By Billy Cheung
NEW YORK (Reuters) - More than 40 years after the release of his international best-selling espionage novel "The Day of the Jackal," British author Frederick Forsyth has published another thriller that also focuses on a manhunt for an assassin.
"The Kill List" draws upon Forsyth's research into some of the latest advances in counterterrorism to track down a fictional Muslim terrorist called The Preacher, who somewhat resembles Anwar al-Awlaki, the real-life al Qaeda militant who died in a drone strike in Yemen in 2011.
Like "The Day of the Jackal" and three other Forsyth novels, the film rights for "The Kill List" have already been sold.
Forsyth, 75, spoke to Reuters about the research behind the book and literary transformations to the big screen.
Q: The novel's plot unfolds in several cities, including Islamabad and Mogadishu. Can you describe how you put together such a detailed narrative?
A: For scenes that I have to describe at length, I like to visit to see first-hand. Of course, there are places where you cannot literally gain access. In those cases, I usually try to track down someone who had either been or worked there before.
In preparation for this book, I spent a fair amount of time around the Washington Beltway, which is a very intensive area for new consultancy and cyberspace corporations, and then Pakistan.
The toughest place of all was Mogadishu. I did not like many of the descriptions that I had read of the area since I did not think those authors had been there. If I wanted to get this really right, not just in terms of the geography but the smell and atmosphere of the place, I had to go there.
I flew down from Istanbul into Somalia and was accompanied by a bodyguard, who was a fellow Brit and ex-Special Forces. He was working out of Nairobi but had been down there two or three times before. He packed a gun under his left armpit and was on the tarmac waiting for me upon arrival.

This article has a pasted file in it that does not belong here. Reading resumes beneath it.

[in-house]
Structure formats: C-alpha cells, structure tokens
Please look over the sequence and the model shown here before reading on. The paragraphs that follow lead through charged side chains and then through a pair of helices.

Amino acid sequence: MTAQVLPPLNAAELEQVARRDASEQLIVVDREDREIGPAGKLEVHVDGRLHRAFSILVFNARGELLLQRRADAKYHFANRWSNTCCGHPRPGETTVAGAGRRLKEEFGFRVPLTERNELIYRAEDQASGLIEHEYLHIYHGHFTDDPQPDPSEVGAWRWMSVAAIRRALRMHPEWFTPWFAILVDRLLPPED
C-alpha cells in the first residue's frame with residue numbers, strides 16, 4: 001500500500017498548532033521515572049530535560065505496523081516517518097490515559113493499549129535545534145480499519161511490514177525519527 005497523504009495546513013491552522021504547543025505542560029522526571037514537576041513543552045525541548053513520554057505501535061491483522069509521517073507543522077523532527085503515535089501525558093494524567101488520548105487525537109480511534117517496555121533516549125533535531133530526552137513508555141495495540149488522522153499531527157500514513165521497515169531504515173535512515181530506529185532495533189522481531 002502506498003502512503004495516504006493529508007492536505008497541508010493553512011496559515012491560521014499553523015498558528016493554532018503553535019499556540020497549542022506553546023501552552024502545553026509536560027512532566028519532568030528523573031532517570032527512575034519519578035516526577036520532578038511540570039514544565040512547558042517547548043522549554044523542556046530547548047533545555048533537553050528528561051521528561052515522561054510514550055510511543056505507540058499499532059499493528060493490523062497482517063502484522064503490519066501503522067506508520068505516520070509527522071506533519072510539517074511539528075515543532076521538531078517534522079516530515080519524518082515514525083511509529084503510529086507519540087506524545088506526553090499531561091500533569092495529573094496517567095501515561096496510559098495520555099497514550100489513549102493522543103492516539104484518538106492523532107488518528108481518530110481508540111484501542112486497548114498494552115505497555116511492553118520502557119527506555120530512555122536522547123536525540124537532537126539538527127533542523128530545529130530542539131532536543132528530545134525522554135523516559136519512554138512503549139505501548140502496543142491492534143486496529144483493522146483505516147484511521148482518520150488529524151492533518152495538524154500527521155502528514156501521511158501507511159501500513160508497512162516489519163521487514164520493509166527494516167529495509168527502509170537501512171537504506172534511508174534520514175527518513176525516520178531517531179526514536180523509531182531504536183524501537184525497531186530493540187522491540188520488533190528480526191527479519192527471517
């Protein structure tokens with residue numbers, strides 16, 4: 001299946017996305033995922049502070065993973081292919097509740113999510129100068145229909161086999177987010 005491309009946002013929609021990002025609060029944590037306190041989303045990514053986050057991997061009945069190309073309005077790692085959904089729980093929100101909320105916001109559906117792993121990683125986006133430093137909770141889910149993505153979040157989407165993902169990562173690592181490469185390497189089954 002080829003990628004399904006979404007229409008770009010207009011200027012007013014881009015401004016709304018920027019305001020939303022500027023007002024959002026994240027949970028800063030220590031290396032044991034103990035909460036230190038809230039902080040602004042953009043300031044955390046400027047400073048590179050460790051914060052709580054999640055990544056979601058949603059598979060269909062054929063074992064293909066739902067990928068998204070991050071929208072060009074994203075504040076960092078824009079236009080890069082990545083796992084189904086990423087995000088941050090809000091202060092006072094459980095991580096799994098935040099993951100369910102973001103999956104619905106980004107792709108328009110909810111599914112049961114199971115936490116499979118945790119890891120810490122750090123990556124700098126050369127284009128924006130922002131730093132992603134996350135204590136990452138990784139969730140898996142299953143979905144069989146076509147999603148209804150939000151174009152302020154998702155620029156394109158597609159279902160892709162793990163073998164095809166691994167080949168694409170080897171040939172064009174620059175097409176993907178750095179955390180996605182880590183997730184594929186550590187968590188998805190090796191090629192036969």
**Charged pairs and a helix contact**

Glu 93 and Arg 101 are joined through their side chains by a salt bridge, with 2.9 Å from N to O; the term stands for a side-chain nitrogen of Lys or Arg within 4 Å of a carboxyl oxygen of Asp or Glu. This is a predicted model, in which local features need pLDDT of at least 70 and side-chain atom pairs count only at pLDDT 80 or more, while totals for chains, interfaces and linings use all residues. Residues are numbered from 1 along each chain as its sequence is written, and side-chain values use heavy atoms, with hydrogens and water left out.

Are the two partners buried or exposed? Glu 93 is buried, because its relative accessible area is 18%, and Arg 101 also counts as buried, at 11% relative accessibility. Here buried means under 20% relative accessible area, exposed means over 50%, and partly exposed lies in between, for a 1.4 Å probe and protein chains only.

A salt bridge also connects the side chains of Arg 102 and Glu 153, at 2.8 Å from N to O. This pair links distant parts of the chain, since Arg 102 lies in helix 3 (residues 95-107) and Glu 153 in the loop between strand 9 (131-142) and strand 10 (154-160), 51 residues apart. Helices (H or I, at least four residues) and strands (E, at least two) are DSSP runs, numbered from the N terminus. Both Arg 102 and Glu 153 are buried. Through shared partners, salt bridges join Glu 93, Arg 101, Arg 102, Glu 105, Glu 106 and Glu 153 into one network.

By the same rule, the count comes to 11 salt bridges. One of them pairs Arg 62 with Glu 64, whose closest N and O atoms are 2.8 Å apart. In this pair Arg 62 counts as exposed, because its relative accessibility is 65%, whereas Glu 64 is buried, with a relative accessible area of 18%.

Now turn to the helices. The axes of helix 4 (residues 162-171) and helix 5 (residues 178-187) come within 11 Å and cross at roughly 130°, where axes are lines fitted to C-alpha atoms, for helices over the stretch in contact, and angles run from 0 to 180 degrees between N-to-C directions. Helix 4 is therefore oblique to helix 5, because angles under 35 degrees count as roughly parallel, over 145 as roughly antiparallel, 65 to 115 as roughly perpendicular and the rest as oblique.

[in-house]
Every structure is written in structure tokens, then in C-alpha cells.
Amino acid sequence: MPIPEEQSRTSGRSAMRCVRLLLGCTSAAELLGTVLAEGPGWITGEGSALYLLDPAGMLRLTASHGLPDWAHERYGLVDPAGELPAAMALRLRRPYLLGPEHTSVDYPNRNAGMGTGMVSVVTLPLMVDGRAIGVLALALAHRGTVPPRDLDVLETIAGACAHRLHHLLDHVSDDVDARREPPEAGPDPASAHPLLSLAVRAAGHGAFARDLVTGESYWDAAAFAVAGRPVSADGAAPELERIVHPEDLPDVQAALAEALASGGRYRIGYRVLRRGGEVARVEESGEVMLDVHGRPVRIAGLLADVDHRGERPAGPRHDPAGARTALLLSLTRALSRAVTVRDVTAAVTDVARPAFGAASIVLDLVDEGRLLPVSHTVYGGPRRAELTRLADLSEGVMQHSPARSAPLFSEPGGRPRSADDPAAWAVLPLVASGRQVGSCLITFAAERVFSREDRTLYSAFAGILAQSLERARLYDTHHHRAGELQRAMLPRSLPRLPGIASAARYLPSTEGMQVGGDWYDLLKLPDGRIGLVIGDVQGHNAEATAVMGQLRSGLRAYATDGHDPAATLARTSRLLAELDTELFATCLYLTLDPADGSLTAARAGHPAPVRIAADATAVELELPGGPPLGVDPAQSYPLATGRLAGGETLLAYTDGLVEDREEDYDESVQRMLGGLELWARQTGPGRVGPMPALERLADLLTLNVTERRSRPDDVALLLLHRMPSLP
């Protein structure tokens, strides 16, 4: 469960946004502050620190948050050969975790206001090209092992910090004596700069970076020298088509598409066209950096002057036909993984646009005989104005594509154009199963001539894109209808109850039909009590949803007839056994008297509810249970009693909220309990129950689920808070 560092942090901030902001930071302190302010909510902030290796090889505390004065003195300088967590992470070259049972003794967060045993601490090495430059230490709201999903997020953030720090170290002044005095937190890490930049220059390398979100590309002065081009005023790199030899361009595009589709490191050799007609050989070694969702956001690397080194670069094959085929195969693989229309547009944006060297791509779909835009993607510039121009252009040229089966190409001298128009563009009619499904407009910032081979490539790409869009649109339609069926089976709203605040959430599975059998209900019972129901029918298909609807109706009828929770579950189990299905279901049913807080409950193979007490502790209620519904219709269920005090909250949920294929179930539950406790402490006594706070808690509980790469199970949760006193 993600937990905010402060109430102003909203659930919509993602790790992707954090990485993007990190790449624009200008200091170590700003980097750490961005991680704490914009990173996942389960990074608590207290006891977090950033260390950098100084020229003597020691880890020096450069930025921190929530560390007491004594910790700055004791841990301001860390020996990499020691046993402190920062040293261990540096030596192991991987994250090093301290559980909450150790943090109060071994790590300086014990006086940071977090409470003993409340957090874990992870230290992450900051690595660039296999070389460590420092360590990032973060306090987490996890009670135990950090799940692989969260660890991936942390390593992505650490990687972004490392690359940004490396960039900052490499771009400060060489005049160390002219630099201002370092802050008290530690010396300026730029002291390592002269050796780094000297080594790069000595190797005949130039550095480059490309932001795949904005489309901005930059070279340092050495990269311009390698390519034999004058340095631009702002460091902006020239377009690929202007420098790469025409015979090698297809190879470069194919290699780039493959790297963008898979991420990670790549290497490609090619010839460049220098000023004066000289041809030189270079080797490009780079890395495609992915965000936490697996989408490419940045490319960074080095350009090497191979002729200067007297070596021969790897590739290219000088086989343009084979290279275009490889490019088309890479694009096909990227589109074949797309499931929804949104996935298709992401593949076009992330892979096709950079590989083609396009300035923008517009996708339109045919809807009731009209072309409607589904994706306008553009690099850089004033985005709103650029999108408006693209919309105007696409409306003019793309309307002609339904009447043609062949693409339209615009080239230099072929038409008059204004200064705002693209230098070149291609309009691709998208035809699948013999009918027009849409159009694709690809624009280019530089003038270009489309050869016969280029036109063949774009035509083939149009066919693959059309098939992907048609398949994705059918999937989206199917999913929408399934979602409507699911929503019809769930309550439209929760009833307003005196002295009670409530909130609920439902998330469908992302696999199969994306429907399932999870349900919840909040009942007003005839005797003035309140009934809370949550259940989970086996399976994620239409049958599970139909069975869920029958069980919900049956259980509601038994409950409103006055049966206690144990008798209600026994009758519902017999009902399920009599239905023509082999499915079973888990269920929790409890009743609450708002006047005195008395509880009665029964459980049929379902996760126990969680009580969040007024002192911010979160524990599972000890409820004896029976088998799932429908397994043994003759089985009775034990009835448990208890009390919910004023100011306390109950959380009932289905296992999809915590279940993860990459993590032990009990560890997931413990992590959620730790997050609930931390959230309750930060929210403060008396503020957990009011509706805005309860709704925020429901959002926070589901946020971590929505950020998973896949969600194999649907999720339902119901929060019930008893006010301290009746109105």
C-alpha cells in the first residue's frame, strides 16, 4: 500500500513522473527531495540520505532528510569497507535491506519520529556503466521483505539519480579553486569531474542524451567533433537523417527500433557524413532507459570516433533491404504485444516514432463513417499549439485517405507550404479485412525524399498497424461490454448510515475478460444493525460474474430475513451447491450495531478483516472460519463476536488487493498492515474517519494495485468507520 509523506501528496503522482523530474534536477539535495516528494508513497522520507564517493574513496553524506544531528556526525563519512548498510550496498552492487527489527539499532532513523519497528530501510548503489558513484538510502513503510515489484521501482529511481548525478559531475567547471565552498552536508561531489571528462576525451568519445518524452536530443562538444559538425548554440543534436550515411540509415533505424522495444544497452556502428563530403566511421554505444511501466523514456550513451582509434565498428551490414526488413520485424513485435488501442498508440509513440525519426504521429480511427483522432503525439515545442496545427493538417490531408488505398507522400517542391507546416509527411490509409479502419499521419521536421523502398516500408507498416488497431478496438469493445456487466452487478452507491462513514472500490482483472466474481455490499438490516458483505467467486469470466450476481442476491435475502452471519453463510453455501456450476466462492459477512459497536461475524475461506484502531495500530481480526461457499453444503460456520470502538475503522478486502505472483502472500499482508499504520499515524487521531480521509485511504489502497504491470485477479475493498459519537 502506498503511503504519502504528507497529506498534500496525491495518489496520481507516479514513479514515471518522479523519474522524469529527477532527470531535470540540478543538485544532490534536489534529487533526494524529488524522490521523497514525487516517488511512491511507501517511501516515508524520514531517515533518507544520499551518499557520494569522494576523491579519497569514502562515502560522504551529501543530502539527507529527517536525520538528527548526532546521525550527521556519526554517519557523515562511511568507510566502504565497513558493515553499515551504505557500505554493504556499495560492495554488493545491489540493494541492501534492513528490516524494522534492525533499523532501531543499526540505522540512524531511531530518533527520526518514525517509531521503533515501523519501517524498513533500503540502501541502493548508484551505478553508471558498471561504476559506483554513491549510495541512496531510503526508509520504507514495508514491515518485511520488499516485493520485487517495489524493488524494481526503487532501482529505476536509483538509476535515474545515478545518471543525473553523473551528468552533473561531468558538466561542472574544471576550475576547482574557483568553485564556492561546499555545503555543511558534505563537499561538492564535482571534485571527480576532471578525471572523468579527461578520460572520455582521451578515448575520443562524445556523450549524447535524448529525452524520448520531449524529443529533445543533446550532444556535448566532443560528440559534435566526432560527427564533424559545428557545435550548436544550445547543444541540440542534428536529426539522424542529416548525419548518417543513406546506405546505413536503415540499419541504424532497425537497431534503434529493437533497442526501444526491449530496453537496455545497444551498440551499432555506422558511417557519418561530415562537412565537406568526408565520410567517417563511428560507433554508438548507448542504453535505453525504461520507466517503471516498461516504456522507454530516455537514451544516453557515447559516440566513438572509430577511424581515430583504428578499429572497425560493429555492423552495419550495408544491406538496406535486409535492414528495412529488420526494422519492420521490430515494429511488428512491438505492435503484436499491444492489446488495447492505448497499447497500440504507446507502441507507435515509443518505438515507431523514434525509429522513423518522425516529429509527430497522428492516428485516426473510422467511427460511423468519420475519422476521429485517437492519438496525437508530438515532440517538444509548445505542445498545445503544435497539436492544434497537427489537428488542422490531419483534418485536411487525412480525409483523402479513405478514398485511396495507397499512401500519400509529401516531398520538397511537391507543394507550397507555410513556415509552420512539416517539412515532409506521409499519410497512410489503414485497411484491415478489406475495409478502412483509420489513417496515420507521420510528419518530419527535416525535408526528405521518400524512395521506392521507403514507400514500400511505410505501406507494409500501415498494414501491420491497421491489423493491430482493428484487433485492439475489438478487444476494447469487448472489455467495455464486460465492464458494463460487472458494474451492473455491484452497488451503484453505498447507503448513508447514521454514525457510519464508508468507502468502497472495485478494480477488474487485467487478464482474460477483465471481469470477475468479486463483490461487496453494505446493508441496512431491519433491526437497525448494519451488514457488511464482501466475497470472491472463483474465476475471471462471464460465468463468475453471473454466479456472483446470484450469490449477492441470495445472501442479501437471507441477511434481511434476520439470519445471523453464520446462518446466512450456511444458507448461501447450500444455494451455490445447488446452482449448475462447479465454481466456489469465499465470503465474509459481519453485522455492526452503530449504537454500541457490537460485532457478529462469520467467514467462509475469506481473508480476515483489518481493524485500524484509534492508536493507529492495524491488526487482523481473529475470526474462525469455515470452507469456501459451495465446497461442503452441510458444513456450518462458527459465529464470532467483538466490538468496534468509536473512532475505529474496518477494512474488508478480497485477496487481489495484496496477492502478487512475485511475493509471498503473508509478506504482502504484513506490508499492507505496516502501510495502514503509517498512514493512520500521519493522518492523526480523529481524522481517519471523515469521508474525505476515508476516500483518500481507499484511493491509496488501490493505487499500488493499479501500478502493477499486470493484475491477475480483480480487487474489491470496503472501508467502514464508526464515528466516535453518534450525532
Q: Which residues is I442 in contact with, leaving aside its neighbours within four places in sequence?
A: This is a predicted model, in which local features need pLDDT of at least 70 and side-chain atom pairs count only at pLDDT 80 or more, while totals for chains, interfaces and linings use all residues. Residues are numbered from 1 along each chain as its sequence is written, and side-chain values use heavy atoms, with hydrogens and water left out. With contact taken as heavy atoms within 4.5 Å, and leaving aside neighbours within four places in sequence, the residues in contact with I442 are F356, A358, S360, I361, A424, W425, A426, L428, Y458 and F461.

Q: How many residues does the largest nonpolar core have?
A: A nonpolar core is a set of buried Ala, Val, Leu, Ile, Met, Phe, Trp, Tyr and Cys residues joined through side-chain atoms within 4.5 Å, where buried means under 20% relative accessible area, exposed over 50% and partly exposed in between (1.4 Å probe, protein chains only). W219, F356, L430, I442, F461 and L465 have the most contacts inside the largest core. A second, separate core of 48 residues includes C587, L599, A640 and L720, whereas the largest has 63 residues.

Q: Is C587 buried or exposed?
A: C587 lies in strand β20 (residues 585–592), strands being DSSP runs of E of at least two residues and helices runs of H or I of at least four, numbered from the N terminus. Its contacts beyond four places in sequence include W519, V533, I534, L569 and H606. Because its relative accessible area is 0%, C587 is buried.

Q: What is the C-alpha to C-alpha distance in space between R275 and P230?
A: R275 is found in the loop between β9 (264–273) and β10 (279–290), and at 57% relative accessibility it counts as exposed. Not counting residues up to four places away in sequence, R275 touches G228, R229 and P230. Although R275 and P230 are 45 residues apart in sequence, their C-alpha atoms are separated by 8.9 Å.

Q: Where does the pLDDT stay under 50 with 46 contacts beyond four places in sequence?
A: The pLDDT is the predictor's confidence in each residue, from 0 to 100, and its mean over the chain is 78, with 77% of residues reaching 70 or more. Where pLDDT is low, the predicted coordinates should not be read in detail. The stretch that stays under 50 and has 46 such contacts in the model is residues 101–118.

We rented a jeep to venture outside what is called "the camp" for two days. In all, I spent about $50,000 in research expenses for "The Kill List."
Q: How long did it take you to complete the book given your thorough research?
A: My books typically take a year to complete. From the first niggle of an idea until undertaking the research, I would estimate that process spanning about three months. Then the direct research takes another six months. Finally, I try to write 10 pages a day, six days a week after which we wind up with a 350-page book.
Q: What still motivates you to keep writing more books?
A: For each of the last three books, I keep thinking this will be it. I am not a compulsive. I do not need to sit down and drive myself to exhaustion. Quite possibly, I find time goes by and I get an idea, and it bats around in my mind. I start doing some basic research to test whether the idea is feasible. Could something happen, technically or procedurally?
For "The Kill List," I wonder how religious extremists operate in their part of the world with their own language while evading capture. How are they found and ultimately eliminated? Many of the most-wanted terrorists have either been captured or killed.
I am drawn to the attraction of coming up with a problem and then finding solutions. This problem-solving lays a potential foundation for a book.
Q: How much input will you have into filming "The Kill List"?
A: I ask for none because I know from previous experience that filmmakers find it extremely tiresome being told what to do. The comparison is: if you are a full captain flying a jumbo jet, you do not need some guy from coach coming up to the flight deck telling you how to fly. They are polite about it but they don't really want the author coming onto the set.
My wife says, 'I would love to cast this.' But I tell her if you start to name names, that actor won't get the role.
(Editing by Patricia Reaney and Will Dunham)